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The Senate Commerce Committee will examine how companies and the government are using consumer data in response to the coronavirus pandemic through a so-called paper hearing Thursday.

The big picture: Lawmakers' efforts to pass a bipartisan federal privacy law have stalled, but expect privacy considerations to be a key driver in questions about data use.

"The collection of consumer location data to track the coronavirus, although well intentioned and possibly necessary at this time, further underscores the need for uniform, national privacy legislation."
— Senate Commerce Committee Chairman Roger Wicker, in his opening statement.

What's happening: The committee will post testimony on Thursday from witnesses, including Kinsa Smart Thermometers CEO Inder Singh; Stacey Gray, senior counsel for the Future of Privacy Forum; and Dave Grimaldi, Interactive Advertising Bureau's executive vice president for public policy.

  • Lawmakers will have until 6 pm ET to submit questions to the witnesses, who will then respond within 96 business hours.

Go deeper

Woman who allegedly stole laptop from Pelosi's office to sell to Russia is arrested

Photo: FBI

A woman accused of breaching the Capitol and planning to sell to Russia a laptop or hard drive she allegedly stole from Speaker Nancy Pelosi's office was arrested in Pennsylvania's Middle District Monday, the Department of Justice said.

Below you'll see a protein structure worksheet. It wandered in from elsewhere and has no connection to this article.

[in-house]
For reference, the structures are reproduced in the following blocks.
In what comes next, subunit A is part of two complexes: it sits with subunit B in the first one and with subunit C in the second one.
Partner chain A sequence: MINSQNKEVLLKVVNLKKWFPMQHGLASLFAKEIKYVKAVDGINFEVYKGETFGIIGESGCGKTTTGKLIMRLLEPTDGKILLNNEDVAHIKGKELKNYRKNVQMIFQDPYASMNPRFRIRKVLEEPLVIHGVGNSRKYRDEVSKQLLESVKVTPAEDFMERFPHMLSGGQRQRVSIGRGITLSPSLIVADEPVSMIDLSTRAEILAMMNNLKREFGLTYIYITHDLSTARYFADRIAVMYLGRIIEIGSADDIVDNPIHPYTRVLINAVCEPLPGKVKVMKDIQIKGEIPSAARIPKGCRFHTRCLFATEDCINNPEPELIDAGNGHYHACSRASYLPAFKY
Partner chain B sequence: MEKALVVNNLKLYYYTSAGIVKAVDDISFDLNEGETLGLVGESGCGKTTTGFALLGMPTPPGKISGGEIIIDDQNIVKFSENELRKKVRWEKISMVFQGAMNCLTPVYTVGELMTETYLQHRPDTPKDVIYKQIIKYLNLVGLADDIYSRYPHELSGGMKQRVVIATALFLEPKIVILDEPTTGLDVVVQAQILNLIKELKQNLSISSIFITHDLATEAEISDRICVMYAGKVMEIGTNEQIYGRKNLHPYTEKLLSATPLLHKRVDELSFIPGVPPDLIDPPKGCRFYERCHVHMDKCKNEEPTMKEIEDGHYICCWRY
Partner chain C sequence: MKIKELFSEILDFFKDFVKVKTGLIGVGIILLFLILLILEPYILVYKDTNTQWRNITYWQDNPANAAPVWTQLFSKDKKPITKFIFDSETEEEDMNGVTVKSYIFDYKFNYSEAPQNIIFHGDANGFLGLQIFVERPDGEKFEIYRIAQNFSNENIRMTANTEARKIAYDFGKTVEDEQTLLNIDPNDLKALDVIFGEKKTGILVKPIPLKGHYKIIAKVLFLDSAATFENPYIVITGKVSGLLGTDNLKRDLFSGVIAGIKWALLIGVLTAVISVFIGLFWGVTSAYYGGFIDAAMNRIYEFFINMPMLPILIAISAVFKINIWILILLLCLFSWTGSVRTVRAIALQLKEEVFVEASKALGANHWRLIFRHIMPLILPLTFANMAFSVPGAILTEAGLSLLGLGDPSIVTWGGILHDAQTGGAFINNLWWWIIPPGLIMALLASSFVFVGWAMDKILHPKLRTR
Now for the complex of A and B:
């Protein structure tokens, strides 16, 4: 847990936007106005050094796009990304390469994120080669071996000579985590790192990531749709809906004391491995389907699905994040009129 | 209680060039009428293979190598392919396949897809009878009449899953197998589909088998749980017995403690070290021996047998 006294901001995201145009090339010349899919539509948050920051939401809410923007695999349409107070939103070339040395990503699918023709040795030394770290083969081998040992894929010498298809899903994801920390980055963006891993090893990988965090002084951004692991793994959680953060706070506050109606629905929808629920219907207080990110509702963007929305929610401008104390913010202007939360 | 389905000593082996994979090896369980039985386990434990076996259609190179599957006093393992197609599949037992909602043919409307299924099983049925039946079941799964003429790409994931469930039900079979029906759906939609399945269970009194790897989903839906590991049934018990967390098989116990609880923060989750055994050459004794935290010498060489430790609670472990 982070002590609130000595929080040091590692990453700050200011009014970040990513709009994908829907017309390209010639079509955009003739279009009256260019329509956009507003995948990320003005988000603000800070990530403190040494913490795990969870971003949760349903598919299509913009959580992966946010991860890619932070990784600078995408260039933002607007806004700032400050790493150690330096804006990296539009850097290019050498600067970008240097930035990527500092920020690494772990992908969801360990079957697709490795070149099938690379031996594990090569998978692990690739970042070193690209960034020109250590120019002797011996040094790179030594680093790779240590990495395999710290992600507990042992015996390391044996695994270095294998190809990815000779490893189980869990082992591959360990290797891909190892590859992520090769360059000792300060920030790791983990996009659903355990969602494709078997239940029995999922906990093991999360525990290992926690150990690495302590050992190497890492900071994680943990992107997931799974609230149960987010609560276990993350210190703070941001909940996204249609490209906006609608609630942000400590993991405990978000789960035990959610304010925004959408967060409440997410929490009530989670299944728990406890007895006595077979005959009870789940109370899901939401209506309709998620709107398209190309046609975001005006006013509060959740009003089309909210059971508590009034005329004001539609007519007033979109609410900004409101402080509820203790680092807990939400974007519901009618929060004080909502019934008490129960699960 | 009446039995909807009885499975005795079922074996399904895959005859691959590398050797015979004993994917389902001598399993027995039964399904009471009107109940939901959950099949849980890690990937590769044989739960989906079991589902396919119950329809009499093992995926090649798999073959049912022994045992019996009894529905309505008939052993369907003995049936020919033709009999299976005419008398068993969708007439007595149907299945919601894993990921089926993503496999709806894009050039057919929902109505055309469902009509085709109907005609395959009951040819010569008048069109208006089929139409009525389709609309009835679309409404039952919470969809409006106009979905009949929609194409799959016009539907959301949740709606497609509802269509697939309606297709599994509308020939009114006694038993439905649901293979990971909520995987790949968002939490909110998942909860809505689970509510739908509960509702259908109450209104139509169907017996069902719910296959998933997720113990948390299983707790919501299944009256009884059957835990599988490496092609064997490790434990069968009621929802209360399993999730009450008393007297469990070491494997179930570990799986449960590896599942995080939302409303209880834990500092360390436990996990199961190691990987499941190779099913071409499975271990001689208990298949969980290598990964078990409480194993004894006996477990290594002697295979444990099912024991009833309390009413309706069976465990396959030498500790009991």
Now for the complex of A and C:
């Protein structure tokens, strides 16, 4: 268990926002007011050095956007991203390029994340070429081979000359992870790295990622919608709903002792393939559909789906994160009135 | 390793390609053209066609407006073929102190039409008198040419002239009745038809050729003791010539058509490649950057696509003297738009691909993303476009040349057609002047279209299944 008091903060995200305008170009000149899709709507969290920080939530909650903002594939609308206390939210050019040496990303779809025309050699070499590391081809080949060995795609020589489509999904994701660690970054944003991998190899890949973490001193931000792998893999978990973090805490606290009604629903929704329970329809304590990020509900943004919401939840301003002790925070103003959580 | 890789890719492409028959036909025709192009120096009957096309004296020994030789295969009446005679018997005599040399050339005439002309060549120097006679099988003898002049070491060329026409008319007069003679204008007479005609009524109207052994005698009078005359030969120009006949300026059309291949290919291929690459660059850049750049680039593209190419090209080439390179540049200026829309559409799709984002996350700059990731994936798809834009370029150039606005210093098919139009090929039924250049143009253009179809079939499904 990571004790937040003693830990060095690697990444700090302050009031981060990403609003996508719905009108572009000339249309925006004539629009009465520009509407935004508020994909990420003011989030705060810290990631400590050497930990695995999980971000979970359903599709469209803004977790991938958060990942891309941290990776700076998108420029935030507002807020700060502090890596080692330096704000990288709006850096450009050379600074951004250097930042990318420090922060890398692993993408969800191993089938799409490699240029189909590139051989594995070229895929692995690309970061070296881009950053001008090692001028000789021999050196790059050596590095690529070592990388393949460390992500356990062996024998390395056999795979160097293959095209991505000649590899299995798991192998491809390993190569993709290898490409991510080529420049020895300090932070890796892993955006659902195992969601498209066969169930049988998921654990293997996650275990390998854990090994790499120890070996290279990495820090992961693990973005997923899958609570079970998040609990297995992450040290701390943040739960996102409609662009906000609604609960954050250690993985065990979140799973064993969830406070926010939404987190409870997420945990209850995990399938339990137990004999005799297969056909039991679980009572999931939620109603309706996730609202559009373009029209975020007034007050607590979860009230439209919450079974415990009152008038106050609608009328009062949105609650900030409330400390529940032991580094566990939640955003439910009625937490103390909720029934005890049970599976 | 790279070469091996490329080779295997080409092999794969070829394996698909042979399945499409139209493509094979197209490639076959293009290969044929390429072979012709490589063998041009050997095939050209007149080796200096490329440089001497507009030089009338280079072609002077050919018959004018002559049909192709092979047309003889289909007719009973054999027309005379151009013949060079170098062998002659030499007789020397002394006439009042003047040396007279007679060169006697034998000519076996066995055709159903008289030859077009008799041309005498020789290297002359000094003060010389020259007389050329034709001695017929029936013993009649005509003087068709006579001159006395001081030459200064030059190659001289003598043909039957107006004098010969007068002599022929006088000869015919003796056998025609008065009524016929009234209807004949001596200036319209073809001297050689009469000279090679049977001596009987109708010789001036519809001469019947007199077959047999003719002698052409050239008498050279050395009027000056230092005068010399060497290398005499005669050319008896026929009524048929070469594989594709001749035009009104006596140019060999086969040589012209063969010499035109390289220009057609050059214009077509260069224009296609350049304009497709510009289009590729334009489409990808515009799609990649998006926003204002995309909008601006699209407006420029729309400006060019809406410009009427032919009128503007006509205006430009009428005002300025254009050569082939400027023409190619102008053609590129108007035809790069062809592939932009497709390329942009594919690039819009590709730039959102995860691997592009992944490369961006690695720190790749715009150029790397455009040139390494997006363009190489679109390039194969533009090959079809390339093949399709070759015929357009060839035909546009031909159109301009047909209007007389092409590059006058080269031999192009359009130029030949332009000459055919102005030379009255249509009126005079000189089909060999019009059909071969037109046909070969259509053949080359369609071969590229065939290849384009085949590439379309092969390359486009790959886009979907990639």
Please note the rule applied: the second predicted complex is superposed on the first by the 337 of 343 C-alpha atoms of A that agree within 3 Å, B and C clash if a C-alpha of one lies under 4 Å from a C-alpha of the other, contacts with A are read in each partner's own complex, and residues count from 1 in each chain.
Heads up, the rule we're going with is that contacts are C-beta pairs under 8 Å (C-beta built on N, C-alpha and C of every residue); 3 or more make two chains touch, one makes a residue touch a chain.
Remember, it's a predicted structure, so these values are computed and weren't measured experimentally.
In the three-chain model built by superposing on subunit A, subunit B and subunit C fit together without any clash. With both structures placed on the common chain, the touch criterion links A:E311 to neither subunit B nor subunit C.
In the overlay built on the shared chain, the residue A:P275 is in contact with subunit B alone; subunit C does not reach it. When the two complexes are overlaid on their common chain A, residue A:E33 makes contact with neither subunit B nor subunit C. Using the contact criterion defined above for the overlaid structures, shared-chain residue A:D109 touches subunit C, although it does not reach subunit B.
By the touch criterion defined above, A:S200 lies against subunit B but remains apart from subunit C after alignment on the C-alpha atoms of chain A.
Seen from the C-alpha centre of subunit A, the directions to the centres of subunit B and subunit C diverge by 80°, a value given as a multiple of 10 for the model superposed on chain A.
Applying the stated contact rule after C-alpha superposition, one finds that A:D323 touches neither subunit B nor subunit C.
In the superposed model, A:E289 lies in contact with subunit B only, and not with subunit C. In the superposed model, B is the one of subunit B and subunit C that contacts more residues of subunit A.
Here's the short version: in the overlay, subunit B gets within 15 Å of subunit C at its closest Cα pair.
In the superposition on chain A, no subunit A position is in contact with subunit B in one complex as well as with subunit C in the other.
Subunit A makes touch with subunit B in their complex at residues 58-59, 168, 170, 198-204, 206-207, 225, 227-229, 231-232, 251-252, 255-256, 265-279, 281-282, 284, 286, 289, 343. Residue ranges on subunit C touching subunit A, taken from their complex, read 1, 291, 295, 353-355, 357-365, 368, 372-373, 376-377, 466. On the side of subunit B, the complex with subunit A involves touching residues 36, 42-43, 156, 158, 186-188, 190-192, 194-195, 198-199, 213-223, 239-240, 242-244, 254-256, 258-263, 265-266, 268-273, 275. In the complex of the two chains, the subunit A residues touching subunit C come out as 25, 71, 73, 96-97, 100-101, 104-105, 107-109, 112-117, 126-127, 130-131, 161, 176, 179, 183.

Driving the news: Riley June Williams, 22, is charged with illegally entering the Capitol as well as violent entry and disorderly conduct. She has not been charged over the laptop allegation and the case remains under investigation, per the DOJ.

Biden will reverse Trump's attempt to lift COVID-related travel restrictions

Photo: Tasos Katopodis via Getty

The incoming Biden administration will reverse President Trump's last-minute order to lift COVID-19 related travel restrictions, Jen Psaki, the incoming White House press secretary, tweeted.

Why it matters: President Trump ordered entry bans lifted for travelers from the U.K., Ireland, Brazil and much of Europe to go into effect Jan. 26, but the Biden administration will "strengthen public health measures around international travel in order to further mitigate the spread of COVID-19," Jen Psaki said. Biden will be inaugurated on Wednesday, Jan. 20 and Trump will no longer be president by the time the order is set to go into effect.

Dominion sends cease and desist letter to My Pillow CEO Mike Lindell

Photo: Stephen Maturen/Getty Images

Dominion Voting Systems on Monday sent a cease and desist letter to My Pillow CEO Mike Lindell over his spread of misinformation related to the 2020 election.

Why it matters: Trump and several of his allies have pushed false conspiracy theories about the company, leading Dominion to take legal action. It's suing pro-Trump lawyer Sidney Powell for defamation and $1.3 billion in damages, and a Dominion employee has sued Trump himself, OANN and Newsmax.

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